Centres Científics i Tecnològics UB



The analysis of neodymium isotopes in marine sediment cores challenges the origin of the Antarctic Circumpolar Current (ACC)

The metal analysis laboratory of the CCiTUB has collaborated with researchers from the Faculty of Earth Sciences at the University of Barcelona and other institutions, such as Imperial College London, the Observatoire Midi-Pyrenees, the IATC-CSIC, and other universities, in a study published in the journal Nature Geoscience that questions the classical view on the origin of the Antarctic Circumpolar Current (ACC), which plays a critical role in regulating the planet's climate

This study has been primarily based on the high-precision analysis of neodymium isotopic ratios in marine sediment samples from cores in the southwestern Pacific Ocean and the southern Indian Ocean covering the last 31 million years. The study of neodymium isotopes in marine sediments allows the reconstruction of past oceanic circulation changes and requires high-precision techniques such as multi-collector inductively coupled plasma mass spectrometry (MC-ICPMS).

A significant portion of these analyses has been conducted at UB, thanks to the dual infrastructure of LIRA-Panthalassa. The LIRA laboratory at the Faculty of Earth Sciences is a metal-free laboratory with ISO 5 certified air quality, which allows for the purification of neodymium and other elements at ultra-trace levels. Subsequently, the samples are analyzed using the Panthalassa MC-ICPMS spectrometer at CCiTUB. With these two infrastructures, it has been possible to carry out this analysis on samples containing a few nanograms of neodymium with precisions around 10 ppm, which are required to detect changes in oceanic circulation.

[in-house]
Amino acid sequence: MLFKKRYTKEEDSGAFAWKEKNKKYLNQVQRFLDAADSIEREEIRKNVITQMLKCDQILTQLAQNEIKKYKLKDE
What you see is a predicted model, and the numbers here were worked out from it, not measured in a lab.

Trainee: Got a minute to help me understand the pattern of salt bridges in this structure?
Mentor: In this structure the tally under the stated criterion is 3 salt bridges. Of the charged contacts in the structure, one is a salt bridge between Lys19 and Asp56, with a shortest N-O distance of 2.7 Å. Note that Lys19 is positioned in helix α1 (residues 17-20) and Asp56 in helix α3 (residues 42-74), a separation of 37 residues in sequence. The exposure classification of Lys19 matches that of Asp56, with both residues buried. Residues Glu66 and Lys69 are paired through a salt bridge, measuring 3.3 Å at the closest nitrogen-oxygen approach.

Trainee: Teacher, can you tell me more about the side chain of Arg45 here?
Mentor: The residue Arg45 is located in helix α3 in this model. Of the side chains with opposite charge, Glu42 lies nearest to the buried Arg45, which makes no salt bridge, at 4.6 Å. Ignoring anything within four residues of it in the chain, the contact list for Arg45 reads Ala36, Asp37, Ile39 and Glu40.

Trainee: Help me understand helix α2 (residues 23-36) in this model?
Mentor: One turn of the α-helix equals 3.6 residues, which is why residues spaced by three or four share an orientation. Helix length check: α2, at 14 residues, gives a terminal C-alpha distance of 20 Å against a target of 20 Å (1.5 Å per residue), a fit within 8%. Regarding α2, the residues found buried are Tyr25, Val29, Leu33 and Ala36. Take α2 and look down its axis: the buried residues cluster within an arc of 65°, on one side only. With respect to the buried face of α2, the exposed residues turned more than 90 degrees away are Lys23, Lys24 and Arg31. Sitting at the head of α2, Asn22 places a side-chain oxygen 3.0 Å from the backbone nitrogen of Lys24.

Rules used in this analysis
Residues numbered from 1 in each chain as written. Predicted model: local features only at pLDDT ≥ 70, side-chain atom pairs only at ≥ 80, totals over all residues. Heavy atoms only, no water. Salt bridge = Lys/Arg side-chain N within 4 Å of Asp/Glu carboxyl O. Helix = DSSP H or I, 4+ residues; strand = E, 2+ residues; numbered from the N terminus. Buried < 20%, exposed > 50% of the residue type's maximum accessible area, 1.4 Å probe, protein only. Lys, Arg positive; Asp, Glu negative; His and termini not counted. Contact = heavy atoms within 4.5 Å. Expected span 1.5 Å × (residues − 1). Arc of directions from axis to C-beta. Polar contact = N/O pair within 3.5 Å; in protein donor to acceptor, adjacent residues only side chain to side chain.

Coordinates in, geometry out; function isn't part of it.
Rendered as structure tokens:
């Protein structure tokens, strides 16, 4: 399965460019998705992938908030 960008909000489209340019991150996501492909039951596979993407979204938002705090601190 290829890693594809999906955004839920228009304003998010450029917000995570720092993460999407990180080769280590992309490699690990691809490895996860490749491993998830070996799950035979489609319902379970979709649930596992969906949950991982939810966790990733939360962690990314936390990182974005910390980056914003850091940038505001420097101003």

In this way, it has been demonstrated that, contrary to what was previously thought, the ACC did not acquire its current characteristics around 30 million years ago but more recently around 10 million years ago, questioning the theory of how the Antarctic ice sheet formed.

This study, which also involved collaboration with the CCiTUB-Geo3Bcn paleomagnetism laboratory, opens up new perspectives on understanding the interaction between the ACC and the Antarctic ice sheet. Furthering our understanding of this system is crucial for better understanding past oceanic dynamics and the potential effects of current climate change.

Link to the paper: [+]

More information about the equipment: [+]